2. After you vote, join Out and Equal Houston for their Lunch and Learn series today at 11:15 am the Crowne Plaza Hotel (downtown). Susan Parker, Executive Recruiter and Diversity Consultant , will deliver a presentation how professionals can Brand themselves for success. Out and Equal Houston exists to encourage and assist Houston-area businesses to foster and maintain GLBT-inclusive work environments. More information on the Lunch and Learn series is available at www.outandequal.org/houston.

3. The New York Times reports that 48% of students in a recent study reported being harassed. Not surprisingly, the study found that, for boys, accusations of being Gay hit hardest.

“In the survey, students were asked to identify what had the worst effect on them. For boys, it was being called gay — ‘Everyone was saying I was gay, and I felt the need to have to run away and hide,’ a ninth-grader said. For girls, the leading problem was having someone make ‘unwelcome sexual comments, jokes or gestures to or about you.’”

—  admin

What’s Shakin’ – Wings of Desire at MFAH, IRS to allow deductions for gender transition

Wings of Desire1. If you’re a fan of German films that are partially in French, the film oeuvre of Peter Faulk and sexy trapeze artists with existential angst then “Wings of Desire” is your kind of flick.  The 1987 Wim Wenders masterpiece tells the story of an Angel (Bruno Ganz) who, after watching humanity since the dawn of time, desires to become human so he can be with the woman he loves. “Wings of Desire” screens tonight at 7 pm at the Museum of Fine Art Houston (1001 Bissonnet).

2. Transgender Americans who undergo hormone therapy or receive gender realignment surgery may now be able to deduct the costs of those treatments on their taxes. According to GLAD, the Gay and Lesbian Advocates and Defenders, the IRS has issued an “action on decision” statement saying that the agency will acquiesce to an appeals court ruling allowing the deductions. GLAD cautions that medical deductions can still be audited and encourages anyone planning to deduct cost of transition medical expenses to rigorously document the medical necessity of treatments and consult with a tax professional when preparing return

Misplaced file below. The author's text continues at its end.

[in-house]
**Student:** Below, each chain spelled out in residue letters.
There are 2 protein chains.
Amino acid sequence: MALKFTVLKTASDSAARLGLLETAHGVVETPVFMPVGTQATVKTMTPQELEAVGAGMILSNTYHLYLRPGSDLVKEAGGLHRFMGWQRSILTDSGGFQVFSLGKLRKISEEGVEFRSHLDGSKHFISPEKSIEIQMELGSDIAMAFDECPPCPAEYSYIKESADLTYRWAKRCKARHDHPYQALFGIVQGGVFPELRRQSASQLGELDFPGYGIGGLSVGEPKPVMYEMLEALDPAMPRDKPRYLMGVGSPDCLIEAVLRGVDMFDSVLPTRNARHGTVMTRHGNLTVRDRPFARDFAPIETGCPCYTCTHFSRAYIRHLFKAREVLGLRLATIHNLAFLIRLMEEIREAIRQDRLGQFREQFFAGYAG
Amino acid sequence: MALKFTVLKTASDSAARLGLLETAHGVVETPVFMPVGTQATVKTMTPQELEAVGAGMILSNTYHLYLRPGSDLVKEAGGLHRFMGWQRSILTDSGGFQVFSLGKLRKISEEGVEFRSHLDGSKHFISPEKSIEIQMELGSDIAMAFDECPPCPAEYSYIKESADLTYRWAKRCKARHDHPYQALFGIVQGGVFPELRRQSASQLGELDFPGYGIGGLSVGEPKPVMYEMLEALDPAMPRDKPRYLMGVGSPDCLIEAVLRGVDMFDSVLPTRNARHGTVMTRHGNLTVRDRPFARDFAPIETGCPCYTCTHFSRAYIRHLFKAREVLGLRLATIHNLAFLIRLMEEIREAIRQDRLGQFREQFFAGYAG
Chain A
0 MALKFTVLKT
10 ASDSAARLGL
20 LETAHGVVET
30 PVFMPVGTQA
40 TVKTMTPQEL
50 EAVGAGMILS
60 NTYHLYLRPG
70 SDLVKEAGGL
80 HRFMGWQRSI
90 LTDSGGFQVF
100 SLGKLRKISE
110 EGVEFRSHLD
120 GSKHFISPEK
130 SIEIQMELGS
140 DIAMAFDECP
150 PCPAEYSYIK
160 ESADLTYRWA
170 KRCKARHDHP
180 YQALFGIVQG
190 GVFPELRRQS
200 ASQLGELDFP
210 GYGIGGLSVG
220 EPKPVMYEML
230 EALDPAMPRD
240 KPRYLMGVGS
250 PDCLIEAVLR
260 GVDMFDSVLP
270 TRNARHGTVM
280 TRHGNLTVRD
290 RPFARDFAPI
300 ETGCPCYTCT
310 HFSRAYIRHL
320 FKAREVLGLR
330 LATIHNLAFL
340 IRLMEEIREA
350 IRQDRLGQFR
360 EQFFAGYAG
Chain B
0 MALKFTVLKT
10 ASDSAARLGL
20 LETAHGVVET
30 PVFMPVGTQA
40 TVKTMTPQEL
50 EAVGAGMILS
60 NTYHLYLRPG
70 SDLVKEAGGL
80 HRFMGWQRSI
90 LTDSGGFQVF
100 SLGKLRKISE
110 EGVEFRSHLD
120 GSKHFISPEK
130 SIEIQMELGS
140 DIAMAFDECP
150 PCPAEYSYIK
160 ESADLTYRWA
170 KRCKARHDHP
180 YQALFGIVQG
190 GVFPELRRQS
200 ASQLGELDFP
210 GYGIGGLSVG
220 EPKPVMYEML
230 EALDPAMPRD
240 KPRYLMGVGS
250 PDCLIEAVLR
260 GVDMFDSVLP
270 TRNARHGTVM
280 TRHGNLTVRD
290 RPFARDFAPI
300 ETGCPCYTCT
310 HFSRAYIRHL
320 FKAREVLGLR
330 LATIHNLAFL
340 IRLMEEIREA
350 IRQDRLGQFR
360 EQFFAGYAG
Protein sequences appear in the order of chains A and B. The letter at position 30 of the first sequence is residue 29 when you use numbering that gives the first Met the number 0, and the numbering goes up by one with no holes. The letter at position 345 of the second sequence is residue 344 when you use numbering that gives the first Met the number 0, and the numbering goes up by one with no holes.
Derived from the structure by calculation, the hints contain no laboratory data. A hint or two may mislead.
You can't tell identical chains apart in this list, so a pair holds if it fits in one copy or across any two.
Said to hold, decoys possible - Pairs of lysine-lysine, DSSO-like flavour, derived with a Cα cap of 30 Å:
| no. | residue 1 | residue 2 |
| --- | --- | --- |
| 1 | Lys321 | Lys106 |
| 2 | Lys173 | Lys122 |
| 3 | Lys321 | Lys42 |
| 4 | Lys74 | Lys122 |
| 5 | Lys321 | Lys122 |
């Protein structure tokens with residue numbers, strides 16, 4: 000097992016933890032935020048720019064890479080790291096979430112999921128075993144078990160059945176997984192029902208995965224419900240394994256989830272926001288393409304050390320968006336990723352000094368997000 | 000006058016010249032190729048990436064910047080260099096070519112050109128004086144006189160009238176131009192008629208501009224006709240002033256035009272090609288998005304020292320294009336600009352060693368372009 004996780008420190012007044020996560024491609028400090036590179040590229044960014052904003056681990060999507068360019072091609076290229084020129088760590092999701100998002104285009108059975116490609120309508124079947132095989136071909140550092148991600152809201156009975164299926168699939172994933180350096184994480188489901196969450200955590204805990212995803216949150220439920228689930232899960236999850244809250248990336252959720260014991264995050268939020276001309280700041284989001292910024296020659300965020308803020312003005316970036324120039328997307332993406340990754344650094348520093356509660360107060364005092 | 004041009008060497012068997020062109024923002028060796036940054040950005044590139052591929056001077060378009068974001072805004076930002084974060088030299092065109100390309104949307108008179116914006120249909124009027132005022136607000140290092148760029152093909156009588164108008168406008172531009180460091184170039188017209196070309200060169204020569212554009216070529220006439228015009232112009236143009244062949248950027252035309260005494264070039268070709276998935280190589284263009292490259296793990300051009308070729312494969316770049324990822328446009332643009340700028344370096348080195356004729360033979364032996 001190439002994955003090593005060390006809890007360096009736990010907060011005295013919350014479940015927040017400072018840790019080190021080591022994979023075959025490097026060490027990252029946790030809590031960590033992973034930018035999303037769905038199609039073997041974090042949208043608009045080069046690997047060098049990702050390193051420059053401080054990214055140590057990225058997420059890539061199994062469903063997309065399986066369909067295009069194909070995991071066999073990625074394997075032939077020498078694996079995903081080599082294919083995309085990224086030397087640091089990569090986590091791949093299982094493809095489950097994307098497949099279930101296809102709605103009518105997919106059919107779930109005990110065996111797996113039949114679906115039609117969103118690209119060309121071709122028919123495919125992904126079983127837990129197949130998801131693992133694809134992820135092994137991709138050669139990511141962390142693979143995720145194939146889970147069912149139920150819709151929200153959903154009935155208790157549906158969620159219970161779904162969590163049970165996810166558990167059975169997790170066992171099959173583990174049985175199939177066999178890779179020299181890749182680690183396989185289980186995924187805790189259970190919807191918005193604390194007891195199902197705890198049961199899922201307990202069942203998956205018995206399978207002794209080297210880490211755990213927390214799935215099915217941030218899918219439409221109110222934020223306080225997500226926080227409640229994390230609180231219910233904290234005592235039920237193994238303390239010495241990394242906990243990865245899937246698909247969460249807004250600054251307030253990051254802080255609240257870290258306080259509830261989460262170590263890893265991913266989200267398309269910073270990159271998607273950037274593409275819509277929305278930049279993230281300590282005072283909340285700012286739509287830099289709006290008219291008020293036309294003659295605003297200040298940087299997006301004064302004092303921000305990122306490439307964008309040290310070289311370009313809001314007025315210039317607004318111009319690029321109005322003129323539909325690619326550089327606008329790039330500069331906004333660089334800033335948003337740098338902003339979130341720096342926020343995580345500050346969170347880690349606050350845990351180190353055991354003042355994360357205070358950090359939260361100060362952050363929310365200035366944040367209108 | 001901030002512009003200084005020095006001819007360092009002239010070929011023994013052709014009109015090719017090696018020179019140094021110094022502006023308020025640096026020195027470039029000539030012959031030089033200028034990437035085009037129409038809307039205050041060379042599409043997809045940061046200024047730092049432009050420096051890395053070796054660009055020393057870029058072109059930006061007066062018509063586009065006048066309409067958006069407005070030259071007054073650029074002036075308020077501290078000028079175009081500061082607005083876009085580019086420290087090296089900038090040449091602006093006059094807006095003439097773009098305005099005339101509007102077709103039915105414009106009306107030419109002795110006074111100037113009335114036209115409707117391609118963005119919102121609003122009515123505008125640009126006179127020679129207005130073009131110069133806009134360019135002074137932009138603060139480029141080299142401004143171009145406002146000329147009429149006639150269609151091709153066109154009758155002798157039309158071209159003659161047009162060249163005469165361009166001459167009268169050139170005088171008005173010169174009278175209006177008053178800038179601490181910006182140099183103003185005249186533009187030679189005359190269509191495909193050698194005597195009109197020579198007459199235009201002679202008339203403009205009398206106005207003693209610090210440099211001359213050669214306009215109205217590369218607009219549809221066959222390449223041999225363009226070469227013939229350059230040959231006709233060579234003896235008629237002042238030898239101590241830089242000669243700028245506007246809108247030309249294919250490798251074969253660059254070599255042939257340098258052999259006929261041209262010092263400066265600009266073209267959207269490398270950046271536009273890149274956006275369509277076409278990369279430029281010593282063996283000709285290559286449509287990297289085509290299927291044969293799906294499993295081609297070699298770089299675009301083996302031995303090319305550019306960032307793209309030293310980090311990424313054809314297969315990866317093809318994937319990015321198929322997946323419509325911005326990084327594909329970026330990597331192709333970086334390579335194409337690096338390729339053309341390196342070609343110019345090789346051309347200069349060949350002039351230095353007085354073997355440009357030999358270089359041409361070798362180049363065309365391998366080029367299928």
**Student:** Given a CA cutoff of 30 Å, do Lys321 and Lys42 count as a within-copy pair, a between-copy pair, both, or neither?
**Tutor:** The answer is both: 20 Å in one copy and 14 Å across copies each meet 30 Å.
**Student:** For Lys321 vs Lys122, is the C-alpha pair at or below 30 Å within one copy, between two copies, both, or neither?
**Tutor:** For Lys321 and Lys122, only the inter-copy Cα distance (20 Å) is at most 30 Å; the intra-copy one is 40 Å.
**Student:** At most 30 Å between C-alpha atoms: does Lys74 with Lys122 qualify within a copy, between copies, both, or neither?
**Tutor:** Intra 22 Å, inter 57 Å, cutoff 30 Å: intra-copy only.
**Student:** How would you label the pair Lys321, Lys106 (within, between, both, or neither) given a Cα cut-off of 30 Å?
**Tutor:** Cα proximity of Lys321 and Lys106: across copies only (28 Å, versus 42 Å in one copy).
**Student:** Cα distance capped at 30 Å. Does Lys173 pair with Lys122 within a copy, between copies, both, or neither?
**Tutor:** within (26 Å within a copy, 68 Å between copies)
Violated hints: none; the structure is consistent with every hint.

3. Election day is tomorrow. If you’re one of the 58,345 people in Harris County who voted early, then good for you.  If not, you’ll want to visit HarrisVotes.org and find out where to go to cast your ballot.  Polls open at 7 am on Tuesday and close at 7 pm sharp.

—  admin

Houston Chronicle pulls endorsement of school board member Rodriguez over anti-gay flier

Manuel Rodriguez

The Houston Chronicle has rescinded its endorsement of Houston Independent School District Trustee Manuel Rodriquez over an anti-gay flier distributed by the Rodriquez campaign. As previously reported by Houstini, the flier attacked Rodriquez’s opponent, Ramiro Fonseca, for his history of advocating for LGBT people, and his endorsement by the Houston GLBT Political Caucus. The flier also suggested that Fonseca being 52 and unmarried is a reason that Houstonians should not trust him to make decisions affecting children, and points out that he has a “male partner.”

In the online opinion piece removing their endorsement, the Chronicle editorial board called out the overt homophobia in the Rodriquez flier.

“With his hateful flier, Rodriguez perpetuates the kind of stereotypes that put our kids in danger. And he implies that all right-thinking people agree with him – an insult to his constituents, and precisely the kind of blithe, old-school homophobia that makes school hallways so treacherous.

Members of the school board are supposed to be role models, not bullies. They’re supposed to support civil rights, not fight against them. They’re supposed to fight hate speech, not commit it.”

In response to the Rodriquez flyer the Houston GLBT Political Caucus had encouraged people to contact the editorial board and ask that the Chronicle endorsement be rescinded. “Certainly we’re very pleased that the Chronicle has taken this step,” said Caucus president Noel Freeman. “They recognize that there is no place for this kind of homophobia on the school board.” Freeman added the next step for the Caucus will be to continue to work to elect Fonseca. “We’re looking for volunteers who can help us by handing out literature at the polls.”

Until this recent controversy very little attention had been paid to the District III HISD race outside of political circles. No scientific polling on the race has been made public, but it’s considered to be a dead heat, with neither candidate having a clear advantage. It remains to be seen how the Rodriquez flier, and the overwhelmingly negative response it has garnered, will affect the outcome of the race.

HISD elections are part of the general elections taking place this Tuesday, Nov 8. Visit HarrisVotes.org to find your voting location and view a sample ballot.

—  admin

HISD trustee distributes anti-gay flier

Rodriquez Flier (excerpt)

Excerpt from the Rodriquez flier attacking Fonseco for his advocacy for LGBT people and his endorsement by the Houston GLBT Political Caucus (click to view full flier)

Houston Independent School District Trustee Manuel Rodriquez Jr. is under fire for an anti-gay flyer attacking his opponent, Ramiro Fonseca. Both seek the HISD District III seat held by Rodriquez. Rodriquez’s flyer attacks Fonseca for his history of advocating for LGBT people, and his endorsement by the Houston GLBT Political Caucus. The flyer also suggests that Fonseca being 52 and unmarried is a reason that Houstonians should not trust him to make decisions affecting children, and points out that he has a “male partner.”